Malaysia’s first Islamic-compliant airline, Rayani Air, has been barred from flying for breaching regulations.

The Department of Civil Aviation has revoked Rayani Air’s Air Operator Certificate (AOC), or right to fly, bringing an end to the world’s first Shariah compliant airline.

The DCA said the decision came after a full investigation of the administration and a safety audit of the airline’s state of operations. Rayani Air launched last December offering only halal food, no alcohol and crew wearing modest clothing. It has two Boeing 737-400 planes in its fleet, each able to carry about 180 passengers, eight pilots and 50 crew.

The DCA said it found Rayani Air in breach of conditions of its licence and that it lacked the financial and management capacity to operate a commercial airline. It follows a three month suspension after the airline failed to follow flight regulations. A safety audit was later conducted to assess its operations.

Malaysia’s aviation commission said in a statement that the airline “had breached the conditions of its Air Service Licence (ASL) and lacks the financial and management capacity to continue operating as a commercial airline”.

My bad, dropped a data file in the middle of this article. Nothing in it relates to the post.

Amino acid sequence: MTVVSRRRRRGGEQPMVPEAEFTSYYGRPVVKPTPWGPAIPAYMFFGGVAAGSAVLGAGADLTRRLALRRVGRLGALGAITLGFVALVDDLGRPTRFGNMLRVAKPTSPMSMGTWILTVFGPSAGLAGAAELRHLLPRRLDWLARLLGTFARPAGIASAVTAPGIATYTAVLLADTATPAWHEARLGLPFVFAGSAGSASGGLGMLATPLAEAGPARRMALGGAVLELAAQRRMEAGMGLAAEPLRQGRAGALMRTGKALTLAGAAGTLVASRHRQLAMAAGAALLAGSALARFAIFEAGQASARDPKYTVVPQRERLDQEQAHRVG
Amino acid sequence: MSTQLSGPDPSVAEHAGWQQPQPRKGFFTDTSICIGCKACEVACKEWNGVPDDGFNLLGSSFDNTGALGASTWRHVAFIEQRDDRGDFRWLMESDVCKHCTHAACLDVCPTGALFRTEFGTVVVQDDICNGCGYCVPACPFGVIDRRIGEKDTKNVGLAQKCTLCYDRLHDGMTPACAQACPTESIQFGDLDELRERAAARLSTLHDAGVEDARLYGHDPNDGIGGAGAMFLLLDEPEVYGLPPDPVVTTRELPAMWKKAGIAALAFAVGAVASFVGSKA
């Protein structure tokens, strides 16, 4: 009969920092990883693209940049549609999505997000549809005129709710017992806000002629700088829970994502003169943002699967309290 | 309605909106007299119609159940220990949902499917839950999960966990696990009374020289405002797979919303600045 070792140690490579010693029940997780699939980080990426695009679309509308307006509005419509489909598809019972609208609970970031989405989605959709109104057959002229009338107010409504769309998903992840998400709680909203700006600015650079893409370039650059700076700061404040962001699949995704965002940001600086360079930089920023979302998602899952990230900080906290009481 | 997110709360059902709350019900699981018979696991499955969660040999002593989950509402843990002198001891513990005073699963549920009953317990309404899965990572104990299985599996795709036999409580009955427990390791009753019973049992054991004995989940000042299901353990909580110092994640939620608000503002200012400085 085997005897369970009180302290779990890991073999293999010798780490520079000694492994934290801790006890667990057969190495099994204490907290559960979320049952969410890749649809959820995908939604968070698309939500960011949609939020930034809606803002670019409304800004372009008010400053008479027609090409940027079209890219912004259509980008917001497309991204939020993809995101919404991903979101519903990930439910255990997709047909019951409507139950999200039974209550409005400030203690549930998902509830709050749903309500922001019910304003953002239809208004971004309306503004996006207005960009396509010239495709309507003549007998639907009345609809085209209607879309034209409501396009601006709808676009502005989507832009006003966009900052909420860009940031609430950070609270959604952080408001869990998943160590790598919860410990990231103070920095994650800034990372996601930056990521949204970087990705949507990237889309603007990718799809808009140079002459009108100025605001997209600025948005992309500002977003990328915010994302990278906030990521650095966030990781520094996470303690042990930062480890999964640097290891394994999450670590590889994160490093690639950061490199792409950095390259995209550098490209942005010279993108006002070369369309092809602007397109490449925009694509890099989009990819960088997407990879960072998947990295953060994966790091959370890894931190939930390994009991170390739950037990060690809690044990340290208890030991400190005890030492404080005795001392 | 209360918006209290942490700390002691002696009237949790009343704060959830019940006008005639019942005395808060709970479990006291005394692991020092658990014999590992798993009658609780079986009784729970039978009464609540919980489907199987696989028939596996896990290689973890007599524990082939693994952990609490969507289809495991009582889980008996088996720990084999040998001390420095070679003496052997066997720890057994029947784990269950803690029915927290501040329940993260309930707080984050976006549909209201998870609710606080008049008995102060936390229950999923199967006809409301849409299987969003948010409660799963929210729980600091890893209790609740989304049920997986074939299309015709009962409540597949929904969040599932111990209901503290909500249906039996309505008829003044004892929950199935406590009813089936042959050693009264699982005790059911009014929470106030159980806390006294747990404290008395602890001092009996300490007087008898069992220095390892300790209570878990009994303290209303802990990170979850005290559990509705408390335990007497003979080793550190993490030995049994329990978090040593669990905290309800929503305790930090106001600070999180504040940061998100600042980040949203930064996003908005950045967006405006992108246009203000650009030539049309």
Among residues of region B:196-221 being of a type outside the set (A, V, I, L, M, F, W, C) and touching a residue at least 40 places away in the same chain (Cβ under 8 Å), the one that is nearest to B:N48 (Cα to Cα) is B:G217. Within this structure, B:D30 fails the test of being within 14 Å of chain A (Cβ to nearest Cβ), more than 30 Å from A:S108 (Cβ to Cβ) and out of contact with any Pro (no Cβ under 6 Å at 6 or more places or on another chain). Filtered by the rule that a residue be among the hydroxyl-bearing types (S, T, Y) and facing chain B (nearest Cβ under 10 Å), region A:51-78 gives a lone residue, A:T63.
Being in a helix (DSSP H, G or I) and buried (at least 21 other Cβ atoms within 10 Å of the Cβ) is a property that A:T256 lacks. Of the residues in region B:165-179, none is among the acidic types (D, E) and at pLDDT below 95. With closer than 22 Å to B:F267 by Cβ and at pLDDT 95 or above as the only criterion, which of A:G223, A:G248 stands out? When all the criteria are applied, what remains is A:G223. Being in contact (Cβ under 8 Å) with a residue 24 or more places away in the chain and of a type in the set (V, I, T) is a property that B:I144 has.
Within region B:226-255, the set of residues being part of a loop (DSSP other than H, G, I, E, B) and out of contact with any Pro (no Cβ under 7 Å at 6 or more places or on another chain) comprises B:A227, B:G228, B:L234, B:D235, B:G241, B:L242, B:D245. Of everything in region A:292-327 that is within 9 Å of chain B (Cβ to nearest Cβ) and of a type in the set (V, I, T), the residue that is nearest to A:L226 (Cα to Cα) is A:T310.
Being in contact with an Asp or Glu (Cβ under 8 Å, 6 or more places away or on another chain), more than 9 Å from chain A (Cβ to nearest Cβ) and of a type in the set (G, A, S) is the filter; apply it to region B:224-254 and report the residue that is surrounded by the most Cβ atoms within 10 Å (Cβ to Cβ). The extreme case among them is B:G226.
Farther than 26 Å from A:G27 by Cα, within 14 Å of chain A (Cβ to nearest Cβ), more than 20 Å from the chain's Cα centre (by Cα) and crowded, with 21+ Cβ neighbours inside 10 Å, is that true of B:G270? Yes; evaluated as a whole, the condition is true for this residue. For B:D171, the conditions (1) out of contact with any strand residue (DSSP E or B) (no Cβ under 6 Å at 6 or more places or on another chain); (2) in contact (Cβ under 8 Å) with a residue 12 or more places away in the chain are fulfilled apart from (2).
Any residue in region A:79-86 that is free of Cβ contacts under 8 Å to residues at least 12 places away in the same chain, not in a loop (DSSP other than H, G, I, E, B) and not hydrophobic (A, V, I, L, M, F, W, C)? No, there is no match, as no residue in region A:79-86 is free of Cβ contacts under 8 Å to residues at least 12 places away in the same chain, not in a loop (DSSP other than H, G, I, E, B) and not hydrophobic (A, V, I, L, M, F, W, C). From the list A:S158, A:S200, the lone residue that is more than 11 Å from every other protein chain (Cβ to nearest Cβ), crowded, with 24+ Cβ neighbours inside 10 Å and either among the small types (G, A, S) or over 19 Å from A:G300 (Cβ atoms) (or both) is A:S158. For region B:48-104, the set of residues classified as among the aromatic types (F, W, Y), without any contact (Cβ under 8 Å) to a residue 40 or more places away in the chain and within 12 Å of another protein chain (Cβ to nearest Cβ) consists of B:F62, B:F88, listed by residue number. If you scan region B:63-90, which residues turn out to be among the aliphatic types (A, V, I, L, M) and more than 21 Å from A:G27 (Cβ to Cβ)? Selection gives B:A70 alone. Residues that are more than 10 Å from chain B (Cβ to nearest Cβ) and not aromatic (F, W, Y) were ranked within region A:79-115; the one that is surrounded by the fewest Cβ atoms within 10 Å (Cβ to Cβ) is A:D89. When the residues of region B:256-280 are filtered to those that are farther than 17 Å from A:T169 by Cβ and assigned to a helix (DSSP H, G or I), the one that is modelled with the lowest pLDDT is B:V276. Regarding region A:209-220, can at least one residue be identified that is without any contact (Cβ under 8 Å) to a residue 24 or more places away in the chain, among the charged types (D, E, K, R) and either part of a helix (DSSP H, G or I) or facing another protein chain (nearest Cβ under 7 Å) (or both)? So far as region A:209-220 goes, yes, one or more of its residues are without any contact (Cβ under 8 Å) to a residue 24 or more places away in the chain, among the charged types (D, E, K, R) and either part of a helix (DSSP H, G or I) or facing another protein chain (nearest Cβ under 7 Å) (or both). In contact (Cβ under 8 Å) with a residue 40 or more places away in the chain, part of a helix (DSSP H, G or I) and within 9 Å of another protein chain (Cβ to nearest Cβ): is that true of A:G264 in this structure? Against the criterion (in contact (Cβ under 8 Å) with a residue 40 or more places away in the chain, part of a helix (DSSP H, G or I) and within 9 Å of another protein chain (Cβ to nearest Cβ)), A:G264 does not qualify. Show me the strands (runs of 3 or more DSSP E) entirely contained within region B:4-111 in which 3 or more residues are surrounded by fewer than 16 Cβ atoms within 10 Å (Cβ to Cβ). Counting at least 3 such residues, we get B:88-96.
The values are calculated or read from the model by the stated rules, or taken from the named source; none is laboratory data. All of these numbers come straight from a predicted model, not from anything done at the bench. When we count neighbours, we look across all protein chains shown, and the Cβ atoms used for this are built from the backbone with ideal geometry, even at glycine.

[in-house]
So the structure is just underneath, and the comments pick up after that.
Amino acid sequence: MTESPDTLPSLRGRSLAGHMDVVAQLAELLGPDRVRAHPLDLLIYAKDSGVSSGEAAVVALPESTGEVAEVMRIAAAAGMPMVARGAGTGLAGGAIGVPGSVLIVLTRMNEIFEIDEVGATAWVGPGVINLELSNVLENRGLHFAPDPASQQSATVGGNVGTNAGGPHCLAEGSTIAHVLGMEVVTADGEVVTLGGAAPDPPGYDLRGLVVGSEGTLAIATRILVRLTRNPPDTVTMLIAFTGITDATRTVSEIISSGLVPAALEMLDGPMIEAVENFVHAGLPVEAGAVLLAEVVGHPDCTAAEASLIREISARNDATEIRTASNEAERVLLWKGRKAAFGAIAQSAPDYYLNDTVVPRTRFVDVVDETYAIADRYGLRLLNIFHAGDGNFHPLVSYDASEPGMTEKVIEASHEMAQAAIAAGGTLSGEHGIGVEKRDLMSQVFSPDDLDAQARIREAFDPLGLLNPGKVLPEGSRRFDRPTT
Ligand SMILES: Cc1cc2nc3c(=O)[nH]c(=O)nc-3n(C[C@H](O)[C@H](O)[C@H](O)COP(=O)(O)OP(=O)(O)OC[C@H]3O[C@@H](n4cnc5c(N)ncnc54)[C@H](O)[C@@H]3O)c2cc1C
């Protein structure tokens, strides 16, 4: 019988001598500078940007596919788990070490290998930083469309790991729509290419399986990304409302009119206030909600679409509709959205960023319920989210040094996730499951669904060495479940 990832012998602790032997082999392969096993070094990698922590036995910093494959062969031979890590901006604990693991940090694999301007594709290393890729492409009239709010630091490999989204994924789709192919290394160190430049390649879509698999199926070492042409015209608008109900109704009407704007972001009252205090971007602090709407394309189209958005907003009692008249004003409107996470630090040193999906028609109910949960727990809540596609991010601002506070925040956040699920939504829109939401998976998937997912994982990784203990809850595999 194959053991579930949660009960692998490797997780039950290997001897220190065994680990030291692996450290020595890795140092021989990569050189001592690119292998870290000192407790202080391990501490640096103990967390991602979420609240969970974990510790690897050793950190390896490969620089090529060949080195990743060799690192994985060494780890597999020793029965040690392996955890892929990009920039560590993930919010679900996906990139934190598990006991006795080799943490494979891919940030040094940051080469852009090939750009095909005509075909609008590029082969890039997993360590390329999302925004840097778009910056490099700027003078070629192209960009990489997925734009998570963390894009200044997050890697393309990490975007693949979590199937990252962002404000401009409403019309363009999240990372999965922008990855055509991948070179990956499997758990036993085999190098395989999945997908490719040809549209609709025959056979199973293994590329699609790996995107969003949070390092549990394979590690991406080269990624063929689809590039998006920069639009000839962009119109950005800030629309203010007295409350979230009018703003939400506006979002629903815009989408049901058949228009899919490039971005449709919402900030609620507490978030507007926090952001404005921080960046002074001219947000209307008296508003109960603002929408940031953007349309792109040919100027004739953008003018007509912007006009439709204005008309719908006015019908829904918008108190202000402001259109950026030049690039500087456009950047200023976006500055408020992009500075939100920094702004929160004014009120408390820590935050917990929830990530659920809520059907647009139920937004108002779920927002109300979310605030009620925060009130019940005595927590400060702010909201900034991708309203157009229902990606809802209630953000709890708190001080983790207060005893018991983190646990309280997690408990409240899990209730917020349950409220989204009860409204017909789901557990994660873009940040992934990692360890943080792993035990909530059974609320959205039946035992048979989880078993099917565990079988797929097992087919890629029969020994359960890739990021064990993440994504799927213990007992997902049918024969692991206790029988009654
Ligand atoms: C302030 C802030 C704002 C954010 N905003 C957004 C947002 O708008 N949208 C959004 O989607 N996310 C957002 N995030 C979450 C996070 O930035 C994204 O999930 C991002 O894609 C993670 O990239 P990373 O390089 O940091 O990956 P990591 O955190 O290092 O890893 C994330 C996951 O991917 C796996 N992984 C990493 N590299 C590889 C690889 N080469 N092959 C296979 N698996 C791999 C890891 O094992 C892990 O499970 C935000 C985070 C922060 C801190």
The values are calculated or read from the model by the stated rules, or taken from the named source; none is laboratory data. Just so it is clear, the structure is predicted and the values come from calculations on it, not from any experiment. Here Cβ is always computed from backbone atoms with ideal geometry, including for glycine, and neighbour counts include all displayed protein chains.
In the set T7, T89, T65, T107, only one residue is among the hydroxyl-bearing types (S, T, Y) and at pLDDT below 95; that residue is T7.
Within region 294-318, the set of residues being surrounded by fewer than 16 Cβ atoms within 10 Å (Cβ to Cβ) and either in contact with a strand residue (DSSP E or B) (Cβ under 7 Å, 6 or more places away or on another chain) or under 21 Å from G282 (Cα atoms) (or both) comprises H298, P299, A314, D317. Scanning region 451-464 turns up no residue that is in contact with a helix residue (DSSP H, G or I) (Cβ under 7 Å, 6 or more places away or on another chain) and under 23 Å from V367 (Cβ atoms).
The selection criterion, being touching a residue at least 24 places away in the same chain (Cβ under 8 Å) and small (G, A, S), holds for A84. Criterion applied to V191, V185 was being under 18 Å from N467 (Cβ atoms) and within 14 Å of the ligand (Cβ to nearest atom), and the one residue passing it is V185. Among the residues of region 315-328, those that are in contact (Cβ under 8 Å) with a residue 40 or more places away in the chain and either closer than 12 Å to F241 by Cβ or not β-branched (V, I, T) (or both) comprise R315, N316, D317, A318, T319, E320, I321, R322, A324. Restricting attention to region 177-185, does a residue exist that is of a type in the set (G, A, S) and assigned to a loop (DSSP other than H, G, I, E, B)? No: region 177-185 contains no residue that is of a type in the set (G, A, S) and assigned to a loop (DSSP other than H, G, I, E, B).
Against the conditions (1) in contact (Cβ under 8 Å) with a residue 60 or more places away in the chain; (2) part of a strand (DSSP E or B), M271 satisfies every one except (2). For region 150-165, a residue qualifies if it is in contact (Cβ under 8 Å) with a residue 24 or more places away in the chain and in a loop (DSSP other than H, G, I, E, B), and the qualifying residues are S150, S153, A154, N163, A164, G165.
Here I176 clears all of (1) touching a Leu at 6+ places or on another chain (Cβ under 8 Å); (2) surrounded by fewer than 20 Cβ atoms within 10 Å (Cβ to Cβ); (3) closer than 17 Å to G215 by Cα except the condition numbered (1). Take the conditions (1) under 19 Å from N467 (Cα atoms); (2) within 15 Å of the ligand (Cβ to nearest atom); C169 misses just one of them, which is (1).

The DCA said it had conducted a “thorough deliberation” on the airline’s response to the safety audit. In the lead up to its suspension, the airline had faced criticism including complaints about cancelled flights as pilots went on strike.

Based on the island of Langkawi, Rayani Air had been flying to the capital, Kuala Lumpur, and the northern city of Kota Bahru. It had plans to fly to more Malaysian cities and eventually schedule flights to Mecca for the Hajj and Umrah pilgrimages, reports said.

The DCA has said Rayani Air is still liable to refund ticket holders whom have not flown with the airline due to this action. In the event consumers are not able to obtain their refunds, they can file a civil suit for those refunds.